A look at Johannesburg-based practice Counterspace's winning commission for the Serpentine Pavilion 2020 – now delayed until 2021
Words by Sophie Tolhurst
The Serpentine Pavilion 2020 was to herald in a year of anniversaries: it is the pavilion scheme’s 20th year, the 50th of the Serpentine Gallery itself, and the 30th birthdays of each of the all-women team from Johannesburg-based practice Counterspace, selected to design this year’s pavilion.
Although the pavilion has now been postponed until 2021, beyond celebrating their birthdays, the team from Counterspace – Sumayya Vally, Sarah de Villiers and Amina Kashar – can celebrate being the youngest ever architects to win the prestigious commission.
Counterspace’s work values community engagement, inclusivity, urban research and intervention. Its design for the 2020 pavilion is inspired by community spaces to be found across London and the support they provide for their users. Citing ‘places of memory and care’ in Brixton, Hoxton, Hackney, Peckham, Whitechapel, Edgware Road, Ealing, North Kensington, lead architect Sumayya Vally describes these spaces having ‘made care and sustenance part of London’s identity’ – something Counterspace is keen to extend to the public space of the pavilion.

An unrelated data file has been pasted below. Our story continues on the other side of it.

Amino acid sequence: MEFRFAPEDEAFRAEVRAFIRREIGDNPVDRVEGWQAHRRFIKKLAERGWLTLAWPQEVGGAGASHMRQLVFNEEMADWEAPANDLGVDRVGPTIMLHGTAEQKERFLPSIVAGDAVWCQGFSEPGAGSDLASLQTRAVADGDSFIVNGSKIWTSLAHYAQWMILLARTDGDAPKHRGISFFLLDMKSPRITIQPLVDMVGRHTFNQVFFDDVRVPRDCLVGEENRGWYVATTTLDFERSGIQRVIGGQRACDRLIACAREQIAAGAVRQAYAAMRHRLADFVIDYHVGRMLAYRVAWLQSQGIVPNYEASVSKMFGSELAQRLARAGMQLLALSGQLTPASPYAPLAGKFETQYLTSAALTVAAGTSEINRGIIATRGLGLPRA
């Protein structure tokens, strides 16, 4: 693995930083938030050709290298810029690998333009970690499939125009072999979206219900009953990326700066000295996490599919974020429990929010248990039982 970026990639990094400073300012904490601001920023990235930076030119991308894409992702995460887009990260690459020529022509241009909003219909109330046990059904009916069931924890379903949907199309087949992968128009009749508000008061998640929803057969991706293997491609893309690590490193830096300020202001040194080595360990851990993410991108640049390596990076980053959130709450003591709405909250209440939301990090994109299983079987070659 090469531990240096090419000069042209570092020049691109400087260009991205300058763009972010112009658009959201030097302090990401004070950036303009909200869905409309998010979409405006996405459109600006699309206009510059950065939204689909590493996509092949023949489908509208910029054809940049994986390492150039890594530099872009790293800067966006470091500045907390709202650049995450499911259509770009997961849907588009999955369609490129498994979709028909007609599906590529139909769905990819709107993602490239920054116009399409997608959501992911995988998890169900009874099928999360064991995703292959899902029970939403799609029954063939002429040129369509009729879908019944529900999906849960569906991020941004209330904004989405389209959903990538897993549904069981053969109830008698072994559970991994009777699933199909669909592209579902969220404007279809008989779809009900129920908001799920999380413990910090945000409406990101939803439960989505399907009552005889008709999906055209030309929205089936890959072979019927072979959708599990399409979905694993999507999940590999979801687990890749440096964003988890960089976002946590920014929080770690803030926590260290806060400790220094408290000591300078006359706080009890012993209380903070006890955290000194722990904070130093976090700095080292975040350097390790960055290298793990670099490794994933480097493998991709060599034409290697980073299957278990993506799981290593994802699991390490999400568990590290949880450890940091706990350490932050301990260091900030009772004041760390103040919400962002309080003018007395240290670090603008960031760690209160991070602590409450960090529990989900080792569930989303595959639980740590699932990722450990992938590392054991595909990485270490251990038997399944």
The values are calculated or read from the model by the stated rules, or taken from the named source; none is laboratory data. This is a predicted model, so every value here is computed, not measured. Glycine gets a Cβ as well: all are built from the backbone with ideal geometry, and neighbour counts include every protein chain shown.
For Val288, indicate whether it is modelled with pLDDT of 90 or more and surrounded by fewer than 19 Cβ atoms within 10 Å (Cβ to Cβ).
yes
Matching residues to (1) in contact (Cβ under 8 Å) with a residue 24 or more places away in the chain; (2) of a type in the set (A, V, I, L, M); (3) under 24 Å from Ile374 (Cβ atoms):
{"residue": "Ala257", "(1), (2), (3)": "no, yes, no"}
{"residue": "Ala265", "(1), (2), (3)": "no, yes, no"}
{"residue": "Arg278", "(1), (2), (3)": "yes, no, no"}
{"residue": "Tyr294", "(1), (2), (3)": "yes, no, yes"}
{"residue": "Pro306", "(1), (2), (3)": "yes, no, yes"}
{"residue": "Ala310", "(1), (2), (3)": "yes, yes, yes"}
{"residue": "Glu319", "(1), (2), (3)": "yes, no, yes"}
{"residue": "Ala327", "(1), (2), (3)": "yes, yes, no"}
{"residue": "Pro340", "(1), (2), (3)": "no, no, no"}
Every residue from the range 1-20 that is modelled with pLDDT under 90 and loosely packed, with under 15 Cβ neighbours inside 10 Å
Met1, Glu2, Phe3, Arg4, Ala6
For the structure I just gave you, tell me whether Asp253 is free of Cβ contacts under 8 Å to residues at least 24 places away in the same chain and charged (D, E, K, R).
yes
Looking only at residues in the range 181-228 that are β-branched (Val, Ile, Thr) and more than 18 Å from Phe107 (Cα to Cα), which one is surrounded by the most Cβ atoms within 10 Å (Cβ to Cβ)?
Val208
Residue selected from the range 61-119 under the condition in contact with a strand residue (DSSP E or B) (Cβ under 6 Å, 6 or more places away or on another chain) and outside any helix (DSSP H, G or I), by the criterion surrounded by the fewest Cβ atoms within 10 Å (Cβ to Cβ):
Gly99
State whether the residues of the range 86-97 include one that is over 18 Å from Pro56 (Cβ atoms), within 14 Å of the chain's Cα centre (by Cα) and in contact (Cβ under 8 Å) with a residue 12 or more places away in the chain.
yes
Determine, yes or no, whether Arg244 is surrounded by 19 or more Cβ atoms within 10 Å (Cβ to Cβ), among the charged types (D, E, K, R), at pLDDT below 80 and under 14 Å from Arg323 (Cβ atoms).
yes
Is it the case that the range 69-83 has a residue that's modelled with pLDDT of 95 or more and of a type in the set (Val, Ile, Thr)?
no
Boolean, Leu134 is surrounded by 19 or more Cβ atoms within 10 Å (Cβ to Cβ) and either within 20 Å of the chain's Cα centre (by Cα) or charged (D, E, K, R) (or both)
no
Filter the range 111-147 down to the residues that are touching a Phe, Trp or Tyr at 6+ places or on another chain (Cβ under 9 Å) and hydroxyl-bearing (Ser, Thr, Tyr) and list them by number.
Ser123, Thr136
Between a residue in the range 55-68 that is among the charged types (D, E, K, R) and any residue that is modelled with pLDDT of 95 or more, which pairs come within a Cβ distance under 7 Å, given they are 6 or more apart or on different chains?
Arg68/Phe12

Acknowledging the lack of connection between the Kensington site and the wider city, small parts of the pavilion will be dispersed across London, to be returned to the pavilion for its opening. As for how the pavilion itself will be encountered, Vally says: ‘Breaks, gradients and distinctions in colour and texture between different parts of the pavilion make this reconstruction and piecing together legible at a glance. As an object, experienced through movement, it has continuity and consistency, but difference and variation are embedded into the essential gesture at every turn.’
Though the postponement was necessitated by Covid-19, waiting an extra year will allow for an extended period of time to realise an all-important aspect of Counterspace’s pavilion proposal – that of engagement across London’s communities – before the pavilion finally opens next year.